Search | Directories | Reference Tools
UW Home > Discover UW > Student Guide > Course Catalog 

Instructor Class Description

Time Schedule:

Carol G Thomas
carolt@u.washington.edu
HSTAM 301
Seattle Campus

Ancient History

Development and characteristics of ancient Greek civilization from the Bronze Age to the Roman conquest. Emphasizes interaction of cultures of the eastern Mediterranean.

Class Description

HSTAM 301 A History of Greece 7000 BC to 1000 AD NOTE: Course will change to HIST 320 A History of Greece 7000 BC to the Present Broad European; Pre-Modern

C. Thomas

Students can expect to learn the long, connected story of Greek history from its Neolithic village origins to the present. The course examines the different forms of a culture that, through its ancient legacy, provides one of the major foundations of modern civilization and, in the present, Greece is a flourishing modern nation. Since the story extends over nine millennia, the focus will be on continuity and change in major aspects of life.

Recommended preparation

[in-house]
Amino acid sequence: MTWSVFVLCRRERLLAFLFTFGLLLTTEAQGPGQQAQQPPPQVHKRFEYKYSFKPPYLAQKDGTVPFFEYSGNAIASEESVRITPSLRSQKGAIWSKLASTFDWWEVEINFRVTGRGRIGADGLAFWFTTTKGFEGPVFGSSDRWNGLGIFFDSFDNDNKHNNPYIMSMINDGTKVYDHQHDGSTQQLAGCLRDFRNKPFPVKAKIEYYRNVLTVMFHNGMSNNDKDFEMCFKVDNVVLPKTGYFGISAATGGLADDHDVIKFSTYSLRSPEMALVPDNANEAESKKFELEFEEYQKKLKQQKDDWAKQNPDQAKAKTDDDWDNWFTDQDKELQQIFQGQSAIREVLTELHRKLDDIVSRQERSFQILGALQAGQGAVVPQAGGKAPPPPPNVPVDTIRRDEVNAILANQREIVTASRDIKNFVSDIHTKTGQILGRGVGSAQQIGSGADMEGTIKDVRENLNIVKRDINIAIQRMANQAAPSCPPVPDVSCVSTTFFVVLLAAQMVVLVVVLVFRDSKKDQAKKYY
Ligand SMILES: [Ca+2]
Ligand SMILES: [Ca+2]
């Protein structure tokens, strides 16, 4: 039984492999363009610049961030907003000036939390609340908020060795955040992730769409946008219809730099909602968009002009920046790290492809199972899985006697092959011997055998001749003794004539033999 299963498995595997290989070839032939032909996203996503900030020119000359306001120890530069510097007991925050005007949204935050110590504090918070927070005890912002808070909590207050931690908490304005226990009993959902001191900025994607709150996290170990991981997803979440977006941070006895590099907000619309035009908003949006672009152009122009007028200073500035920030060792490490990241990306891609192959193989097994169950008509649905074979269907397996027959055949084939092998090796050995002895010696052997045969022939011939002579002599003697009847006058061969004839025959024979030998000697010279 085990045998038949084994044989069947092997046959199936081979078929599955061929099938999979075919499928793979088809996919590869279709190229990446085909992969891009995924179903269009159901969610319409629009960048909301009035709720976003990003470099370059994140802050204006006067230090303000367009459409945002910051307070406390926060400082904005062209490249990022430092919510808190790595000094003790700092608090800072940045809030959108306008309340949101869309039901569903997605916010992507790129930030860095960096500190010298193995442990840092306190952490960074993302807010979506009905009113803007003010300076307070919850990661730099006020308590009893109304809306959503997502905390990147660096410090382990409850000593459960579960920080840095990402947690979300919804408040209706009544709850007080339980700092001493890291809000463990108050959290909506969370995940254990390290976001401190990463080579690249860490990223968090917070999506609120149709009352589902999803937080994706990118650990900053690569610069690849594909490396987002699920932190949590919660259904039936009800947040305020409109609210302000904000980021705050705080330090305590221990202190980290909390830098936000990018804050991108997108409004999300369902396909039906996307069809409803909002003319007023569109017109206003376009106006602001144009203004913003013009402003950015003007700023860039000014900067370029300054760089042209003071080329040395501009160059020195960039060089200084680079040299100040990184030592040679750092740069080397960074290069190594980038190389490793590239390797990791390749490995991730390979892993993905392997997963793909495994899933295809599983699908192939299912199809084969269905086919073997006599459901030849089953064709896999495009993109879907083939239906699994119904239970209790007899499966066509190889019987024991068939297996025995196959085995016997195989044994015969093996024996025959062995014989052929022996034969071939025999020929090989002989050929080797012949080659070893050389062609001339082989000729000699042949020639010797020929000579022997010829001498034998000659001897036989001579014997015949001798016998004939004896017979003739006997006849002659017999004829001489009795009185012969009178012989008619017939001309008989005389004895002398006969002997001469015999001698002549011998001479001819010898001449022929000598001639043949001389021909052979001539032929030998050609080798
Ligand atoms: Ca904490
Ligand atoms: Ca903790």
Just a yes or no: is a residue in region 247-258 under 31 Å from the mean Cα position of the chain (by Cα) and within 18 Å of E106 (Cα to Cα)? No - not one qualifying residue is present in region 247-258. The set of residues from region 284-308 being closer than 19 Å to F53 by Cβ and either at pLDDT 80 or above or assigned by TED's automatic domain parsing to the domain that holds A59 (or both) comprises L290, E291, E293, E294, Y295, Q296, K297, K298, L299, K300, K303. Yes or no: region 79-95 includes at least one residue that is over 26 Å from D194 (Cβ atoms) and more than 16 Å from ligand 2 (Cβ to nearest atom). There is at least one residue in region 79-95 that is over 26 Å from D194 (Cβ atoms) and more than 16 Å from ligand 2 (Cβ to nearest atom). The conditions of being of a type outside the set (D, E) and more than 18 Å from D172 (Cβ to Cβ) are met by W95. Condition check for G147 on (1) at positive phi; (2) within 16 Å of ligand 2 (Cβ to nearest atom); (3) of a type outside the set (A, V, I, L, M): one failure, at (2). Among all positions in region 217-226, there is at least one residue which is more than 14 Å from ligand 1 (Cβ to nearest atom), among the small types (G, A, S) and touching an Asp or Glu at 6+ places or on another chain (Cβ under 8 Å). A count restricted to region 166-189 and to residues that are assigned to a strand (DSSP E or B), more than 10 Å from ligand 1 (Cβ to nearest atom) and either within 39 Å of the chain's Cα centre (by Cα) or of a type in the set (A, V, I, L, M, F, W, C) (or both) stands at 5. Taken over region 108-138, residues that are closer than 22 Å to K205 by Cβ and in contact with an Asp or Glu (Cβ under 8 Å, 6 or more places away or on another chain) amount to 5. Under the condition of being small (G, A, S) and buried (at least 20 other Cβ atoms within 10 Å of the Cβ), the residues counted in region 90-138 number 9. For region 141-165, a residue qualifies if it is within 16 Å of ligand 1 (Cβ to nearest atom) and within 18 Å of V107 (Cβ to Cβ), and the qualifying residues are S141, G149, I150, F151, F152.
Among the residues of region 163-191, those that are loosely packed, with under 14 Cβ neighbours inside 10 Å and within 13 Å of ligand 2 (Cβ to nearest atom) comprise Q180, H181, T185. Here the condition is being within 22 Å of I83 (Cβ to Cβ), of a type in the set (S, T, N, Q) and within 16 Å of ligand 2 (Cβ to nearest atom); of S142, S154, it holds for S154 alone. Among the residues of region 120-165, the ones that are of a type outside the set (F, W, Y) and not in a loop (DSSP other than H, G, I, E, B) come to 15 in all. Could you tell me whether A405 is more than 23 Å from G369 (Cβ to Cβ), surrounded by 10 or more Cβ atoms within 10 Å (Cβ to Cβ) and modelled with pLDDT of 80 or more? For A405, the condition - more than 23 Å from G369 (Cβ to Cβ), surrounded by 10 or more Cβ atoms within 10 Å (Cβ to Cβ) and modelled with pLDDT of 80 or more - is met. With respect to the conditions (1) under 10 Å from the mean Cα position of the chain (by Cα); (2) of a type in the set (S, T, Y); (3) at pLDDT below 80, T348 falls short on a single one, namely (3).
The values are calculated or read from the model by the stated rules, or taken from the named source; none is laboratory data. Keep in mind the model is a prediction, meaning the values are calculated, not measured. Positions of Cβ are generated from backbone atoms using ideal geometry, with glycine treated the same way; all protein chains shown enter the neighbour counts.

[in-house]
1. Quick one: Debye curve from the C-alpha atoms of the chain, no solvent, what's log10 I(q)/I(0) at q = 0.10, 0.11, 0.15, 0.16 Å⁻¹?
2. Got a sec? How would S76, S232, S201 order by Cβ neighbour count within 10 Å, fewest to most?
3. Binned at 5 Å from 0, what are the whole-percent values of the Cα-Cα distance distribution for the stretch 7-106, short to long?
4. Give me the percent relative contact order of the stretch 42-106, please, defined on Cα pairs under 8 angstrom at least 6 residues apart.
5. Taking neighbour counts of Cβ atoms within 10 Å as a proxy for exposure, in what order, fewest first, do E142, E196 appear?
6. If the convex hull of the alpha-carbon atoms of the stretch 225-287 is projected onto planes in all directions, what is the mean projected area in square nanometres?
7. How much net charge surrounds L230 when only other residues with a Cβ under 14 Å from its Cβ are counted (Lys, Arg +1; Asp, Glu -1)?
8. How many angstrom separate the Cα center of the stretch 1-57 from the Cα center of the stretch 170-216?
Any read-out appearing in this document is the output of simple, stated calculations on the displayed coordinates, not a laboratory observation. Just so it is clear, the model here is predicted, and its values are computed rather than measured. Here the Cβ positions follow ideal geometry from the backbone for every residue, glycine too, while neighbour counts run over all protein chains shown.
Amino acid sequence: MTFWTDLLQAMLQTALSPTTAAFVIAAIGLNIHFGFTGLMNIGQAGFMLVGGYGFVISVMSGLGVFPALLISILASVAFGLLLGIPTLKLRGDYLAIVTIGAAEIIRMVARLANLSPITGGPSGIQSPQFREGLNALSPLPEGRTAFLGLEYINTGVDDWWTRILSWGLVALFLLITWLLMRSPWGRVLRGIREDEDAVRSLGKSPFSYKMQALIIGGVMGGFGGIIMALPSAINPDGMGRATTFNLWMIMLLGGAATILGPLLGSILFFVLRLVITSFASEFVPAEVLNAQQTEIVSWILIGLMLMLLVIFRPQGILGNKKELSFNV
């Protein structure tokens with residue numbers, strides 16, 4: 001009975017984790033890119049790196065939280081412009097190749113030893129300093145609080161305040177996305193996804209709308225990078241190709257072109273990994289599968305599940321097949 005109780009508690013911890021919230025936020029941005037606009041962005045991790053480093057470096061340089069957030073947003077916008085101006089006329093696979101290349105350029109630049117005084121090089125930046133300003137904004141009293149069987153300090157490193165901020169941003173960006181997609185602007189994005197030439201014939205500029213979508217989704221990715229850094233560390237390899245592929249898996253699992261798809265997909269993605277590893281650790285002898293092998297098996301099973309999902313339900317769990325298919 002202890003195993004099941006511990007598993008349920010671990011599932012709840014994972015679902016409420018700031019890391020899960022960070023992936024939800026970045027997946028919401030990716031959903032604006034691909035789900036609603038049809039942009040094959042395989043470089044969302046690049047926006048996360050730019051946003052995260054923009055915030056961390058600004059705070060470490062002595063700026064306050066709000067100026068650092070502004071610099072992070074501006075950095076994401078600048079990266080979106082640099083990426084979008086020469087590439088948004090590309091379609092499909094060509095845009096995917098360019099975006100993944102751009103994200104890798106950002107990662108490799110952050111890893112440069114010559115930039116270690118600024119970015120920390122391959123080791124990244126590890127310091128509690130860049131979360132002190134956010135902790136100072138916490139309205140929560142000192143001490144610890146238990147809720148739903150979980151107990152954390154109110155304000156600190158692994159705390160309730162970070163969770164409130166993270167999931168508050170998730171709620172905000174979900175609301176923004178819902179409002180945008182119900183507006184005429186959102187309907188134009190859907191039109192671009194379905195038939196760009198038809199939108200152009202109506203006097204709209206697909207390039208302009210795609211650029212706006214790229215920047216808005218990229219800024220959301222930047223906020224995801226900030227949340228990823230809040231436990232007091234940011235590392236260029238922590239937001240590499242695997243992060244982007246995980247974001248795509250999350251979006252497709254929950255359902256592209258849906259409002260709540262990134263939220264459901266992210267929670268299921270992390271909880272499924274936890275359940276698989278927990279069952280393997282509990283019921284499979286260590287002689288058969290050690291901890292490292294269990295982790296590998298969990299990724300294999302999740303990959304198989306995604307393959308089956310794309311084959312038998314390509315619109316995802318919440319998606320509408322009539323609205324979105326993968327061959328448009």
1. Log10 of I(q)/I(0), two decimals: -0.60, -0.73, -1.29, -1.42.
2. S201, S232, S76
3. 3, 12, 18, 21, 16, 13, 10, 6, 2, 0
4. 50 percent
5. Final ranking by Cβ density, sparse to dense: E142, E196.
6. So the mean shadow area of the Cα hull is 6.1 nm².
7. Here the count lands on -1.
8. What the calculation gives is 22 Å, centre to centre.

There are no prerequisites. More important are 1) an interest in examining the on-going culture that has one of the most resilient records in the human story, and 2) a readiness to participate in the work of understanding that record.

Class Assignments and Grading

Course assignments include reading of two basic accounts of Greek history and four primary sources indicative of different forms of Greek culture; writing three short (i.e. 5 pages) papers based on these primary sources; drawing together the larger picture in a midterm and a final examination. Grades are assigned on the basis of accomplishment in individual assignments, improvement over the quarter, level of participation in discussion of the subject.

Required Reading Charles Freeman, The Greek Achievement Richard Clogg, A Short History of Modern Greece Four primary sources

Papers (each) 15% Midterm 15% Final Exam 30% Participation 10%


The information above is intended to be helpful in choosing courses. Because the instructor may further develop his/her plans for this course, its characteristics are subject to change without notice. In most cases, the official course syllabus will be distributed on the first day of class.
carolt@u.washington.edu
Last Update by Edmund K. Kamai
Date: 04/10/2000